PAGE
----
What is Imperialism? • The takeover of a country or territory by a stronger nation with the intent of dominating the political, economic, and social life of the people of that nation.
Motives for Nineteenth Century Imperialism Economic • Search for raw materials (e.g., copper, tin, gold, diamonds, rubber) • Search for markets to sell goods • Railroads and steamships make colonies more profitable Political /Nationalism • Competition among nations in Europe for land, prestige, etc. • Desire to expand territory through military force or by other means • Geostrategic goals (chokepoints, etc.)
Motives for Imperialism Religious • Desire to spread Christianity/missionaries Ideological • Social Darwinism • “White Man’s Burden”
Social Darwinism • Social Darwinism- Herbert Spencer and others used Charles Darwin’s idea of Survival of the Fittest and applied it to race coming to the erroneous conclusion that some races (Europeans) are better than others.
White Man’s Burden Take up the White Man’s Burden-- Send forth the best ye breed-- Go bind your sons to exile To serve your captive’s need; To wait in heavy harness, On fluttered folk and wild-- Your new-caught sullen peoples, Half-devil and half-child.
Motives For Imperialism Exploratory • David Livingstone (1813-1873) • Missionary and anti-slavery activist • Explored many unknown parts of Africa • Henry Stanley (1841-1904) • Journalist and explorer. • Found Livingstone and helped open Congo to Belgian imperialism
This is a drawing from a 1931 children’s book from Belgium showing life in the Belgian Congo in Africa. What does this picture say about how Europeans might have justified imperialism?
White Man’s Burden • Read paragraphs 1 and 3 on the back of your white sheet. Discuss with your table group • What is the white man’s burden? • How might it be used to justify imperialism?
White Man’s Burden Take up the White Man’s Burden-- The savage wars of peace-- Fill full the mouth of Famine And bid the sickness cease; And when your goal is nearest Te end for others sought, Watch Sloth and heathen Folly Bring all your hopes to naught. Rudyard Kilping, @1890’s
Consequences for Africa • Read the back of your yellow sheet as a group and answer the questions.
Christian Missionaries • Missionaries wanted to “civilize” and “westernize” the peoples of Asia, Africa and the Pacific. • Many tried in the process to end practices such as slavery and sati.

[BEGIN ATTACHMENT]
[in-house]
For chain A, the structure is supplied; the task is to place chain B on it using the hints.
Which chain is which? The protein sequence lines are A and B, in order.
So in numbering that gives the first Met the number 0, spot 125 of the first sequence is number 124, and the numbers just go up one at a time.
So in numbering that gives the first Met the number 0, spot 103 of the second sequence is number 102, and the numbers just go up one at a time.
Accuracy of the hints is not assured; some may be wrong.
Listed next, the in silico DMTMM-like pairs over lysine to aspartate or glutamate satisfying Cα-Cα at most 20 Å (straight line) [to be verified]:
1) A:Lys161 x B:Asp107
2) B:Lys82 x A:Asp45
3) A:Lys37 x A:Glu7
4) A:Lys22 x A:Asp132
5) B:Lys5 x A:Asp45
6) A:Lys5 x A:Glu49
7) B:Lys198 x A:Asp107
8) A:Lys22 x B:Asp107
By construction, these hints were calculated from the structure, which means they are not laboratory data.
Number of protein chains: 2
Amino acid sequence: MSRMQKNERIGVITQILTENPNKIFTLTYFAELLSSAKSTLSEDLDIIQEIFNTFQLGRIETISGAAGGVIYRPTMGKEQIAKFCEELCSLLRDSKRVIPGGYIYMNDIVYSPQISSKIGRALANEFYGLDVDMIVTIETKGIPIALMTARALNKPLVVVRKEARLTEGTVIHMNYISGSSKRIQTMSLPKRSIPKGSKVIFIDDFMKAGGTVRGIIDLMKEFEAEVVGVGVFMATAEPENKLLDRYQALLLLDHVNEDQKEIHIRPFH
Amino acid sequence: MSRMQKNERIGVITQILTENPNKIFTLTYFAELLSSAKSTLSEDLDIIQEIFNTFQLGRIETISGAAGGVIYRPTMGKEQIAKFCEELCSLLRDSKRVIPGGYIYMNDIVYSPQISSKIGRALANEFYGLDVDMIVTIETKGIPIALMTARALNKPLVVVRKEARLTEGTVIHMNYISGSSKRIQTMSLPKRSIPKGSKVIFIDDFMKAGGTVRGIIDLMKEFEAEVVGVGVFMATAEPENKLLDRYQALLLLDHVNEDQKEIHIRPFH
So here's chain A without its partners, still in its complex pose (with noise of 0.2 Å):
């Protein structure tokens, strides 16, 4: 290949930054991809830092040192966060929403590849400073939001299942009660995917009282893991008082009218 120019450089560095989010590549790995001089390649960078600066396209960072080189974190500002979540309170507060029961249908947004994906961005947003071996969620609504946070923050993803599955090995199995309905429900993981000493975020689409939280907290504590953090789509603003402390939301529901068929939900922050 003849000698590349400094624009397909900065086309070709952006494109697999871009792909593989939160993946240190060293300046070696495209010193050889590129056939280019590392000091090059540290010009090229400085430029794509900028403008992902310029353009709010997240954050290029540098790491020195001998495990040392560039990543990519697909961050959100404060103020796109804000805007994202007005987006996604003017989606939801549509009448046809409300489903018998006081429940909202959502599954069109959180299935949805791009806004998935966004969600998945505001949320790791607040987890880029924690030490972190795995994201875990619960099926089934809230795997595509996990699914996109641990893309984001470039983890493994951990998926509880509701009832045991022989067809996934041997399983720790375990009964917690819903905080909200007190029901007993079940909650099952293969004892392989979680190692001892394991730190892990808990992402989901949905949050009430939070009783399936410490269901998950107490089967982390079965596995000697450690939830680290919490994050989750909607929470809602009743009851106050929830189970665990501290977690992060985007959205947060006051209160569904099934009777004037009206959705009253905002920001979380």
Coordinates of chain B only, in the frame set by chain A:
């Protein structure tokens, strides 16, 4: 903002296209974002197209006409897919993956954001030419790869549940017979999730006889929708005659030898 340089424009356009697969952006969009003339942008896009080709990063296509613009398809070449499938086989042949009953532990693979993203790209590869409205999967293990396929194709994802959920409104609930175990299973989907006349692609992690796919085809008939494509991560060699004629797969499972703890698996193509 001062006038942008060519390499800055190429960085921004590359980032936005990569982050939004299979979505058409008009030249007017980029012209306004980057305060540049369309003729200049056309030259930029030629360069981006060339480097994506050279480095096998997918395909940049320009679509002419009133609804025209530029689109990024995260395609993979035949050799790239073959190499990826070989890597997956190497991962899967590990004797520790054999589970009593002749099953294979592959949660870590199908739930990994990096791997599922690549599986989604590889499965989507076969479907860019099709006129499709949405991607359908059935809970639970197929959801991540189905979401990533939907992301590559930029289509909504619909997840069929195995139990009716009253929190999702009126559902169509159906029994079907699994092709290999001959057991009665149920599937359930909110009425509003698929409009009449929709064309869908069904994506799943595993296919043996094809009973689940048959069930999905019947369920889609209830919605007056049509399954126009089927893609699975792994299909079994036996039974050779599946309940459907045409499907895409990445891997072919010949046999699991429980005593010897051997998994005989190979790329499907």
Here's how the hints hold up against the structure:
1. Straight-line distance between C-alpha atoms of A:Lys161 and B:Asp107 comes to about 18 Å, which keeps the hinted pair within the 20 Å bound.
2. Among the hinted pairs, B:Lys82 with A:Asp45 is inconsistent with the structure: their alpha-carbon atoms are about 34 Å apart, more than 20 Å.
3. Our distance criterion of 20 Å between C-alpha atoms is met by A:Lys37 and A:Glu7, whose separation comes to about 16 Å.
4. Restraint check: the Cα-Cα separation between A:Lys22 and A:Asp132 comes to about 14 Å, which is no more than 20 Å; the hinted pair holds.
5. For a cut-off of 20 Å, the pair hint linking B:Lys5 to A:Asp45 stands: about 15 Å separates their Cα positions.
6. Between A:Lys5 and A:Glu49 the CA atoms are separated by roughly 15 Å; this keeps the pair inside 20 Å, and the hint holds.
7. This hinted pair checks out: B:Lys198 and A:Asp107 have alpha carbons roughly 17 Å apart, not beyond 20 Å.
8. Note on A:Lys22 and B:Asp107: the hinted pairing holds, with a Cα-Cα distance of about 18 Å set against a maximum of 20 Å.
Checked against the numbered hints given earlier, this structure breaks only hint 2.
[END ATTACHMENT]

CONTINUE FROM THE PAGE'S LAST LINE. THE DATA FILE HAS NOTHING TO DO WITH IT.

European Technology Machine Gun Railroads (steam engine) Quinine How was imperialism possible?
How? Machine gun (1884)
How? • Cures for tropical diseases such as malaria (quinine 1829) made interior exploration of Africa possible.
Examples of Imperialism: Africa Scramble for Africa
How? Took advantage of African rivalries and disunity. Over 75 ethnic groups and over 100 languages. Only Liberia and Ethiopia remained independent
Examples of Imperialism: Dividing up China • Opium wars, Treaties of Nanjing, Hong Kong, and extra-territoriality • Spheres of Influence by British, French, Germans, Japanese and Russians. • US- Open Door Policy • Birth of Chinese Nationalism and the Boxer Rebellion
Examples of Imperialism • Neo-imperialism (economic) in Latin America • Banana republics
Resistance to Imperialism (Africa) • Eleven major uprisings against colonial powers including: • Samori Toure - Mandinkan kingdom in west Africa(French west Africa) • Maji Maji uprising in German East Africa (Tanzania) • Ethiopia (Menelik II and the Battle of Adowa 1896.)
Resistance to Imperialism • Rise of Middle Class in colonies • Educated by colonizers --paid less than Europeans --expansion of nationalism United western-educated Africans and Asians Provided leaders for later revolutions
Resistance to Imperialism • Provided a rising middle class who could communicate with each other • Rejected both traditional ways and European colonialism
Resistance to Imperialism In places such as Ethiopia, Siam and Japan, nations decided to modernize and emulate the west before they were taken over.
Consequences of Imperialism • Loss of political autonomy (control) • Spread of disease • Exploitation of land, resources and people • Conversions of Christianity • Roots of modern day conflicts (Rwanda, Middle East, Vietnam…)
Colonial Legacy • Education • Laws • Language • Architecture • Sports
Rise of Western Dominance • Economic, Political, Social, Cultural, & Artistic